Introduction to Projection Buffers
I’d like to preface this by thanking Jason Malinowski for his help navigating projection buffers.
One could go a lifetime writing Visual Studio extensions and be forgiven for not understanding or using Visual Studio’s projection buffers. They’re mentioned only briefly on MSDN, and Microsoft has yet to release any samples on how to use them properly.
Projection buffers allow us to create composite editors from different source buffers and are used in ASP .Net’s Razor pages that interlace HTML and C#/VB.Net. They can also be used to subset a buffer, and display only this subset to the user. At Code Connect, we’ve used them to display files on a function-by-function basis.
Projection buffers make cool things like this possible:
Today, we’ll be looking at the steps to embed two editors within a Visual Studio Tool Window, one with an original source file and the other with a projection of the first.
Note: This guide is for Visual Studio 2013 + Roslyn. The C#/VB.Net Language Services were largely re-written and their interaction with projection buffers has evolved and changed. As with all Visual Studio extensions, you’ll also need the Visual Studio SDK.
You can download the complete project from Github: https://github.com/JoshVarty/ProjectionBufferTutorial
1. Create a new Visual Studio Package with a Tool Window. I’ve named mine ProjectionBufferTutorial.
2. Let Visual Studio know you’ll define a MEF export by following these steps:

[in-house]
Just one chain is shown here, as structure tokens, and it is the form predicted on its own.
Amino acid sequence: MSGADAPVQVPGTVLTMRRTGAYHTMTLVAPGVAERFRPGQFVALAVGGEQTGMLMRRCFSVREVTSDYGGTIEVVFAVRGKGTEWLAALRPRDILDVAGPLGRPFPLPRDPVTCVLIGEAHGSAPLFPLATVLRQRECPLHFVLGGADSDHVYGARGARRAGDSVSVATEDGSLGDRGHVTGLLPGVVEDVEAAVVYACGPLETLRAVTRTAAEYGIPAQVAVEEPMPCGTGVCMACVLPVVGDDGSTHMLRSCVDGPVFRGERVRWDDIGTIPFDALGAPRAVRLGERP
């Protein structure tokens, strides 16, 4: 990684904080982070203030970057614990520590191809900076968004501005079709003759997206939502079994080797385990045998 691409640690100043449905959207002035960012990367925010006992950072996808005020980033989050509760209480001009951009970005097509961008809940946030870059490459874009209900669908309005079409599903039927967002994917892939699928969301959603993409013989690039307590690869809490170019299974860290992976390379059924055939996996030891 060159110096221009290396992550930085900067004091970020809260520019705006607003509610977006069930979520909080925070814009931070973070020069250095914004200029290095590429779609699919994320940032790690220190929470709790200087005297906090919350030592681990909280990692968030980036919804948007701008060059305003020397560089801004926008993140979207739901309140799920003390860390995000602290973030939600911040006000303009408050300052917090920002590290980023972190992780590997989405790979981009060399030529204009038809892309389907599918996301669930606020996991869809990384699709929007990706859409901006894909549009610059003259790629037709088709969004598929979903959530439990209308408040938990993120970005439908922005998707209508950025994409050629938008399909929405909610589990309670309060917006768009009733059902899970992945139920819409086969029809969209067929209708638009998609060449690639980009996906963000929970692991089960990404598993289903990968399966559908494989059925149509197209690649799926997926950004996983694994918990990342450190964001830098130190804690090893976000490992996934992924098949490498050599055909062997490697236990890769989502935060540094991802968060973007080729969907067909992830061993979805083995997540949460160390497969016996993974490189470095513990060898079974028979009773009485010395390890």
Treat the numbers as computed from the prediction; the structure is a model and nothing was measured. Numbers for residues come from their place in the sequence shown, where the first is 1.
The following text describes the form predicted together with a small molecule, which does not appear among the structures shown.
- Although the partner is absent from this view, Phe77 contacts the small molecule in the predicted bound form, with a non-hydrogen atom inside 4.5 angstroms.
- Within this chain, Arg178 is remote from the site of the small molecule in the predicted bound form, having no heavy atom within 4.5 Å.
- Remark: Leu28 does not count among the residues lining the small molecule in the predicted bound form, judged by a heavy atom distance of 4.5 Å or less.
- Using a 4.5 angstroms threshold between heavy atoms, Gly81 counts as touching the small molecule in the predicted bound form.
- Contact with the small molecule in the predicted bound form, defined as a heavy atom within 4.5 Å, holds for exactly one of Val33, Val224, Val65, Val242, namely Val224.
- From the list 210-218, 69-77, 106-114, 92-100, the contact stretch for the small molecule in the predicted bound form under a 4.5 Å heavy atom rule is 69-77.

- Open source.extension.vsixmanifest in Solution Explorer
- Click Assets
- Click New
- Set Type to: Microsoft.VisualStudio.MefComponent
- Set Source to: A project in current solution
- Set Project to: ProjectionBufferTutorial (or whatever you’ve named your project)
- Click OK
3. Right click your project and add references to:Microsoft.VisualStudio.Editor.dll
4. Modify MyControl.xaml to contain the following code. This creates two content controls, one for the entire file and one for a subset of the file.
5. Add the following static class VisualStudioServices.cs to your project. This allows us to interface with a number of services within Visual Studio.
6. Modify ProjectionBufferTutorialPackage.cs (or <YourName>Package.cs) to contain the following. This initializes the various static Visual Studio services for us to use.
7. Add the following code to MyToolWindow.cs. The amount of boilerplate is an absolutely astonishing, but necessary evil. This class creates two WpfTextViewHosts representing the full file. However, it attaches the custom role “CustomProjectionRole” to one. It then adds start position and end position properties to the text buffer. We’ll use these to define the range of text we’d like to project.
Note: Make sure to modify filePath to point to a valid C# file on your machine.
Note: DO NOT OVERWRITE THE GUID AT THE TOP OF YOUR CLASS. This Guid is randomly generated and stored in Guids.cs. These two must match, therefore make sure to use your own.
8. Finally, add a new file to the project called ProjectionTextViewModelProvider.cs. This class listens for the creation of WpfTextViews with the role “CustomProjectionRole”. It then modifies the visual buffer to display only a subset of the original file.
Important: Point the private string filePath to a valid C# file on your file system. Run the project.
9. Open the solution containing your chosen file. Click View > Other Windows > ProjectionBufferTutorial (or whatever you’ve named your project)
A tool window will open containing two files, the right being a subset of the first. As you make changes to one, the changes are instantly reflected in the other. All Language Services should be working.
I’d first like to hedge this section by saying I don’t work at Microsoft. These APIs are largely undocumented with no samples available on how to correctly use them. My usage of ITextViewModelProvider and various other Visual Studio services borders on cargo cult programming.
That being said, this is my understanding of what’s happening.